Heroism is a concept that changes over time as society changes, and the values that each society upholds determines who they view as a hero. The ancient idea vastly differs from what we think of as a hero today but there are parallels that are interesting to consider; ancient heroism still arguably impacts modern-day perception.
Homer’s Iliad and Odyssey are defining and seminal works that have an enduring legacy on literature, art, and society in both the modern and ancient world. Homer was truly the precedent of works to follow – from Greek tragedy to Virgil’s Aeneid, the influence of Homer on the ancient world was undeniable. Homer remains one of the most well-read texts even today. The themes of warfare, human emotion, loss, and struggle are enduring and can resonate with anyone across the world. One of the motifs for which Homer has set the precedent is heroes: Homeric heroism is a concept that is widely discussed within scholarship.
The Iliad contains a multitude of these ‘heroes’, since the focus of the action is on the Trojan War and various characters’ stories within this narrative. Diomedes, Odysseus, Ajax, and even Hector are all examples of Homeric heroes: they win kleos (glory) in battle by defeating their enemies in killing sprees which display their aristeia (battle excellence) – the ability to defeat the enemy is what epitomises a Homeric hero. The quintessential hero of the Iliad is Achilles, aristos achaion (the best of the Greeks), who is the most esteemed warrior in Homeric epic. Achilles’ heroism stems from his excellence in battle and not necessarily his own personal virtues. Achilles is arrogant and selfish: he refuses to fight at the beginning of the Iliad as his honour has been slighted by Agamemnon stealing his war spoils, a captive girl named Briseis. He then spends the majority of the epic poem sitting in his tent while the war rages on and the Greeks begin to lose without him. Despite multiple pleas to return to fighting, he continually refuses until his companion Patroclus is killed by Hector. He returns to the fight purely for the selfish reason of avenging Patroclus’ death, rather than for the noble cause of Greek victory.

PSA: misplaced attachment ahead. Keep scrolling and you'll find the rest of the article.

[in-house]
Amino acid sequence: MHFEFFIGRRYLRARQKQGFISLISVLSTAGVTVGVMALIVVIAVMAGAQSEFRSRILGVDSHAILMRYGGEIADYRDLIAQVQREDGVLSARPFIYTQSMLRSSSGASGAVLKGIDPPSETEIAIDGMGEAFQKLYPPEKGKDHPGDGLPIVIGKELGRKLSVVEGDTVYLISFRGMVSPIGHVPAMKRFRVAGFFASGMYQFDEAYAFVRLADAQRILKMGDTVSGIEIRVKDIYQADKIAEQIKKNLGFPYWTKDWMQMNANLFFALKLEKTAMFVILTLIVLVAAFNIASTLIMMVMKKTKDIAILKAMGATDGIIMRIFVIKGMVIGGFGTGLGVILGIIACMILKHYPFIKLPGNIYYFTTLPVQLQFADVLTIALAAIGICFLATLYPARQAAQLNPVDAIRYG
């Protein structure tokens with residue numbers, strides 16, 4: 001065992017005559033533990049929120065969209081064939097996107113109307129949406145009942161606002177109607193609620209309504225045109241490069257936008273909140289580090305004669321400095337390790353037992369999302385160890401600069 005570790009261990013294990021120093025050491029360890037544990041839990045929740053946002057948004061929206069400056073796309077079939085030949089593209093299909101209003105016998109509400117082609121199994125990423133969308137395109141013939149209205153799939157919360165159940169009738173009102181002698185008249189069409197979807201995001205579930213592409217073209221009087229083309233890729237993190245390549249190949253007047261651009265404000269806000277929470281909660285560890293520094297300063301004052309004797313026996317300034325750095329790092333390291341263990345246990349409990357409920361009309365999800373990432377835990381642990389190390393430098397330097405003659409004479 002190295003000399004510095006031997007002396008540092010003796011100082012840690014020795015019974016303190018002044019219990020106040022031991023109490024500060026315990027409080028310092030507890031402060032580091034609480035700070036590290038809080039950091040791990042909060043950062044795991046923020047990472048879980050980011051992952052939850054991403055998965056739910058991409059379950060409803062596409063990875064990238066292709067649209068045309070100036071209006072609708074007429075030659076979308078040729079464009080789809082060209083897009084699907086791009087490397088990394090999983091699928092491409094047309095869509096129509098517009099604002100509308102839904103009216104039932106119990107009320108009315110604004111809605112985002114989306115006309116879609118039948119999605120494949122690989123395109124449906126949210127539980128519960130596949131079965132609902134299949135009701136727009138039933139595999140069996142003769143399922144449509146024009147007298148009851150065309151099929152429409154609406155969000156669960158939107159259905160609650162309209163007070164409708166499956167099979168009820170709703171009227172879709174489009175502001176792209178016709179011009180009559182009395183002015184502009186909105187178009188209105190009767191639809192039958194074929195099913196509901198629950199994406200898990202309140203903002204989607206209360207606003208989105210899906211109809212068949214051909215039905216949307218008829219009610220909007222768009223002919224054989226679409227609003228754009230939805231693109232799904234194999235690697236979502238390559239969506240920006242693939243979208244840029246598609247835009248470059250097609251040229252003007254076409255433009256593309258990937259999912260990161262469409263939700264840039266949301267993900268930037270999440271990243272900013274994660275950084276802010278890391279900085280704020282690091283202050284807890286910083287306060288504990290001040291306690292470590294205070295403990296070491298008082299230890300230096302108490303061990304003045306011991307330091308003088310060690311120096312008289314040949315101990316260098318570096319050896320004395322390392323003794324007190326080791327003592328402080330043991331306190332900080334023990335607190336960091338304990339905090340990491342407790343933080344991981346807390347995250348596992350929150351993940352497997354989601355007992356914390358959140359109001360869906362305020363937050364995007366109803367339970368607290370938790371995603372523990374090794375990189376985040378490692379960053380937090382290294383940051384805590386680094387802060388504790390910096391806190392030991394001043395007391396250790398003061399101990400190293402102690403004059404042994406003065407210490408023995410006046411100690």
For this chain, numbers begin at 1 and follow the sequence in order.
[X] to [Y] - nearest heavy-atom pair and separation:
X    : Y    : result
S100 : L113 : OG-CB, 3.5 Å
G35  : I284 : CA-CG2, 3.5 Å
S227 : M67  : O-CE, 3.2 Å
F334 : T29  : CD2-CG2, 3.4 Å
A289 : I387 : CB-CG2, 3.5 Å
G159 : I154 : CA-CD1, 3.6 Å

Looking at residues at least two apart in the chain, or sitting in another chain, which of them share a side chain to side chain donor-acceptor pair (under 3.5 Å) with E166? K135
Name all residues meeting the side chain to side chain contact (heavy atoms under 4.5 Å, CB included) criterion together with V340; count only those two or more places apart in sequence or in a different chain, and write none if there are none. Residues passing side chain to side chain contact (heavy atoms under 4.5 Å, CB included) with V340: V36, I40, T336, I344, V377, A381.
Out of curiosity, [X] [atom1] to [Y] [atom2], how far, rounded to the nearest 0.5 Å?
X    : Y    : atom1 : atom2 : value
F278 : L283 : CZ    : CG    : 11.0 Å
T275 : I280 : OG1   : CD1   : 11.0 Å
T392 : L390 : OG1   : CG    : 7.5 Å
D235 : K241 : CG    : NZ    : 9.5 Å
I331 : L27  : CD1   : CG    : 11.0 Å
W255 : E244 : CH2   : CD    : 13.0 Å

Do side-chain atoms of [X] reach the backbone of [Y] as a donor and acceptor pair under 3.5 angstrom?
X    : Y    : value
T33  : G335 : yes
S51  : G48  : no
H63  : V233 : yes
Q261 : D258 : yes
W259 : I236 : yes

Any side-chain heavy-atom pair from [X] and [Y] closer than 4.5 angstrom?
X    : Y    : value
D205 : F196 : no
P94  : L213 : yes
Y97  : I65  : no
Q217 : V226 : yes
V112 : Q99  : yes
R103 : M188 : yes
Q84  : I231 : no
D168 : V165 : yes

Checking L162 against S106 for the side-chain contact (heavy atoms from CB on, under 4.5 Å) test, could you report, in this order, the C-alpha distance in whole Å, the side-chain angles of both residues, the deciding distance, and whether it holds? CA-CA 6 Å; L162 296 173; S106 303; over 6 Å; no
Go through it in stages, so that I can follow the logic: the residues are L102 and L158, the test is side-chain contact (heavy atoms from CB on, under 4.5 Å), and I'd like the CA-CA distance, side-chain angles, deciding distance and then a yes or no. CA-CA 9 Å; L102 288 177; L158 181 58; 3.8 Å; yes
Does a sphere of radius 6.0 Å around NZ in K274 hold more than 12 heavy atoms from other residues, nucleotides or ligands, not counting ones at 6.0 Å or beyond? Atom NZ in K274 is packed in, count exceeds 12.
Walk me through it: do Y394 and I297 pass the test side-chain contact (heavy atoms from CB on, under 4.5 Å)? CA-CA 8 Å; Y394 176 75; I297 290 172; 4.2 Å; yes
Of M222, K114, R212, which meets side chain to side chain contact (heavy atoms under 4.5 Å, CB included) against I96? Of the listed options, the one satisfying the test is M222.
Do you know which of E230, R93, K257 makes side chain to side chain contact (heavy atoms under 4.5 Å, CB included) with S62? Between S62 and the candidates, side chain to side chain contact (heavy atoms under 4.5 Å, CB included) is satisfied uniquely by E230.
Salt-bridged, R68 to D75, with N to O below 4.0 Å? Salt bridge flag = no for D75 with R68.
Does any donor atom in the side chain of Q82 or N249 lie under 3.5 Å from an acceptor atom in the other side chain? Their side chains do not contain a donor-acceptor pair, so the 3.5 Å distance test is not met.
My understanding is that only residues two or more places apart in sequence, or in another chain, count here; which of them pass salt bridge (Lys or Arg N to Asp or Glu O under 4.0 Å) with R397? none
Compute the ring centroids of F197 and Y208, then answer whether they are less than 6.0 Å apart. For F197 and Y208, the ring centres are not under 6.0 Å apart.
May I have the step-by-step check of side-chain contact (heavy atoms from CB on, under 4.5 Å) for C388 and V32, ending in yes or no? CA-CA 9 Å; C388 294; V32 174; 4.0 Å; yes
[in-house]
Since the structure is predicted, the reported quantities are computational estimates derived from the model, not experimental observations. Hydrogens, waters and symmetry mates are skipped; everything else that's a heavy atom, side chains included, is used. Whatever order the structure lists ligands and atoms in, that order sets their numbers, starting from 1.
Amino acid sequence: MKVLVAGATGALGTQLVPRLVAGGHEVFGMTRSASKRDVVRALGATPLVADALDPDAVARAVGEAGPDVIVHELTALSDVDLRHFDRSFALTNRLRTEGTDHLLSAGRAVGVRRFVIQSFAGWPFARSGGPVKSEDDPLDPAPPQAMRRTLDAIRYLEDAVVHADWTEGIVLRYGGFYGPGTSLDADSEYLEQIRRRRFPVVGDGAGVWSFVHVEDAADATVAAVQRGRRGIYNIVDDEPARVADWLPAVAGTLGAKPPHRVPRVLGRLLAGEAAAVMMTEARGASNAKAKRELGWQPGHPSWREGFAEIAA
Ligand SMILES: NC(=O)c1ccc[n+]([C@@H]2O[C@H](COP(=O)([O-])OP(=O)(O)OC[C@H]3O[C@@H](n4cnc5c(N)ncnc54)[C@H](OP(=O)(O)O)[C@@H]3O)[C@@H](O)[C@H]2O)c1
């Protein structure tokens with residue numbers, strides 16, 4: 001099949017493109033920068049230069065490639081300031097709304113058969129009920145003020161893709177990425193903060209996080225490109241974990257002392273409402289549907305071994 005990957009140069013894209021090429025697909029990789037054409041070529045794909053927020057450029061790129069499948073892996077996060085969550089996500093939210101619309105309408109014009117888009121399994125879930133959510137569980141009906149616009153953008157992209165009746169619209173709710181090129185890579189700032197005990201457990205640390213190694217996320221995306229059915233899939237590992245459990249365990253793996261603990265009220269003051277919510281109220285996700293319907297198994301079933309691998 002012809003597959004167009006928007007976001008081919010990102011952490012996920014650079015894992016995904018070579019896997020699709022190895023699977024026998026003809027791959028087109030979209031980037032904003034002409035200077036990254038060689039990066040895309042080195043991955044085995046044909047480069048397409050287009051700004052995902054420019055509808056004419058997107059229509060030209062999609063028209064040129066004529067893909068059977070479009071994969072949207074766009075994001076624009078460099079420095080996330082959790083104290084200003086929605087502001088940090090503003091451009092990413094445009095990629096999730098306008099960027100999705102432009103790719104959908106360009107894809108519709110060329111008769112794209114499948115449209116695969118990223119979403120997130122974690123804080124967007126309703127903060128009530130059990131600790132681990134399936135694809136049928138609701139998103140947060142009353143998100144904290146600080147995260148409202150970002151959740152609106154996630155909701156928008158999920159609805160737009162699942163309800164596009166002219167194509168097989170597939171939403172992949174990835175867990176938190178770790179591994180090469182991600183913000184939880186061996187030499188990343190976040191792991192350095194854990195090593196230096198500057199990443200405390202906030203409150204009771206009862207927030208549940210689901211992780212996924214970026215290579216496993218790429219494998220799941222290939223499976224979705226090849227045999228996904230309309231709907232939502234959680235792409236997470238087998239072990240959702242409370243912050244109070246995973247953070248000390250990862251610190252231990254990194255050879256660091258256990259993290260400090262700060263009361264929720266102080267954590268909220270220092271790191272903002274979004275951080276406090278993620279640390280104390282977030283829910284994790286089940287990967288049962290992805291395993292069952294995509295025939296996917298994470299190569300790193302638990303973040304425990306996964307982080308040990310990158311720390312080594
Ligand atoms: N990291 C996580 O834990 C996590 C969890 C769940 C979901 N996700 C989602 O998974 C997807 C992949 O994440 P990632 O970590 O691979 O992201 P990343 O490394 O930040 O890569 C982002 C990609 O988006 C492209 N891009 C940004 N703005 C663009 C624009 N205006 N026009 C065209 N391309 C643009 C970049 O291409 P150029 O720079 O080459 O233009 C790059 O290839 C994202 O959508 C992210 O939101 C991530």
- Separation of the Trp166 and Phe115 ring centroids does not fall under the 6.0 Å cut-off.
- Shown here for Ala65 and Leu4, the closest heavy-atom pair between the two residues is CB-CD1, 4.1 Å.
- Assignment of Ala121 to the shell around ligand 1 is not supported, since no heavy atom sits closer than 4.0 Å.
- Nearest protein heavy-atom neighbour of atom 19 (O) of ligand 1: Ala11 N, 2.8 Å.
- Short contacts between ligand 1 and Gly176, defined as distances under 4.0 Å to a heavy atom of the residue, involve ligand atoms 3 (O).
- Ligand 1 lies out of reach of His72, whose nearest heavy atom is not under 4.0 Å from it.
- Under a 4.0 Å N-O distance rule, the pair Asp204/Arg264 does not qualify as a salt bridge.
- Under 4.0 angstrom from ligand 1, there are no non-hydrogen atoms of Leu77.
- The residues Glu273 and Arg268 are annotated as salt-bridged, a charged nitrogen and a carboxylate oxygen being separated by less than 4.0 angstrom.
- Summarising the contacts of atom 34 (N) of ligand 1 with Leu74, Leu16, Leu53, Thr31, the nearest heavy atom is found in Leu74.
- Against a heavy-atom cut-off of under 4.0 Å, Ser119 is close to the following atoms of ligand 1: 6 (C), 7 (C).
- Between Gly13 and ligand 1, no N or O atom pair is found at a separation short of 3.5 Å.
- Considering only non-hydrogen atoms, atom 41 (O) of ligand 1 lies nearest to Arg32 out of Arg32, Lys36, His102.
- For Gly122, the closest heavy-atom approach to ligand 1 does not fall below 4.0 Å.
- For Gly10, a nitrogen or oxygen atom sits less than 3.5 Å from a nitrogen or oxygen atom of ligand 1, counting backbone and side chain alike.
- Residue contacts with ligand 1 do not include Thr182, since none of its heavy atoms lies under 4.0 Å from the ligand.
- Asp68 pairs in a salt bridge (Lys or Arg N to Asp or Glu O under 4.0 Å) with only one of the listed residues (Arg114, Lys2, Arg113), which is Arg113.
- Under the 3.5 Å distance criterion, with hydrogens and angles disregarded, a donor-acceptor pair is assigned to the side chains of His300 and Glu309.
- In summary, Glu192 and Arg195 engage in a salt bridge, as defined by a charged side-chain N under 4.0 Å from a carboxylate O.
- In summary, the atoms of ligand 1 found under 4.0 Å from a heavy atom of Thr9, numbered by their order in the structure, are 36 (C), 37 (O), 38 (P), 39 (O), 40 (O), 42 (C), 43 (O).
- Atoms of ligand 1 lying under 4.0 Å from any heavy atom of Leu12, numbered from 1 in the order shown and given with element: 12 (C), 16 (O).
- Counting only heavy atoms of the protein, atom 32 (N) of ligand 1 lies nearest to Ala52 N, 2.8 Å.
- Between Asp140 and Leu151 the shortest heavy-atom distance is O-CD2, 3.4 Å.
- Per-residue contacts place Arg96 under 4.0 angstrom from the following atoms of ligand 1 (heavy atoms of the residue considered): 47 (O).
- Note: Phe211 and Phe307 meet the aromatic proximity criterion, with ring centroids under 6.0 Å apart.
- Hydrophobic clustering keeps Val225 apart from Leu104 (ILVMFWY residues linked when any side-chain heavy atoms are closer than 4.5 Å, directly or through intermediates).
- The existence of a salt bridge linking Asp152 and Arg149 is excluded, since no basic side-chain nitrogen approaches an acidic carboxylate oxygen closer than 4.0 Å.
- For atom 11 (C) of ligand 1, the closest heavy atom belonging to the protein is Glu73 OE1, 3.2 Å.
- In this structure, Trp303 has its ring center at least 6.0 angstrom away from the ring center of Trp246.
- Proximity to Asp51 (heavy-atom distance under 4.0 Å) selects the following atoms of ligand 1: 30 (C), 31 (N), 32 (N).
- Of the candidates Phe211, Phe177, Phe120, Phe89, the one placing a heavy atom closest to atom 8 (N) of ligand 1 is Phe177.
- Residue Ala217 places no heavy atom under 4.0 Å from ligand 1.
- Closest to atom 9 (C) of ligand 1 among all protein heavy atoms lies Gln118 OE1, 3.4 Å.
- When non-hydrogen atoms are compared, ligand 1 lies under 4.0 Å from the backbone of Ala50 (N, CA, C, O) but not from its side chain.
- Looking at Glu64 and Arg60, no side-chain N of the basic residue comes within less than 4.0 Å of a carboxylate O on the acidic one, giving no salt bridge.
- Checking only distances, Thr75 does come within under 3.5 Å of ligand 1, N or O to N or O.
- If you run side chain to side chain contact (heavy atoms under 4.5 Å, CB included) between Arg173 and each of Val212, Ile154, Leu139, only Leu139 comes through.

Would Achilles be judged as a hero in modern times? Perhaps not. The Greeks valued strength in battle, brutality, and vengeance as ideals that a hero should uphold. Modern day depictions of heroes are influenced by popular media such as comic books, movies, and TV. The superheroes we idealise today are heroes because of their selflessness and commitment to helping others rather than personal motivations. Superman, for example, is considered a hero because –despite not having any personal stakes in Earth as he is a superpowered alien – he consistently tries to save the world and the people living in it. His motivations are not due to his own honour or to take revenge, but for the greater good of the world itself. This is what underpins a modern-day hero, and it drastically differs from the ancient perceptions of heroism.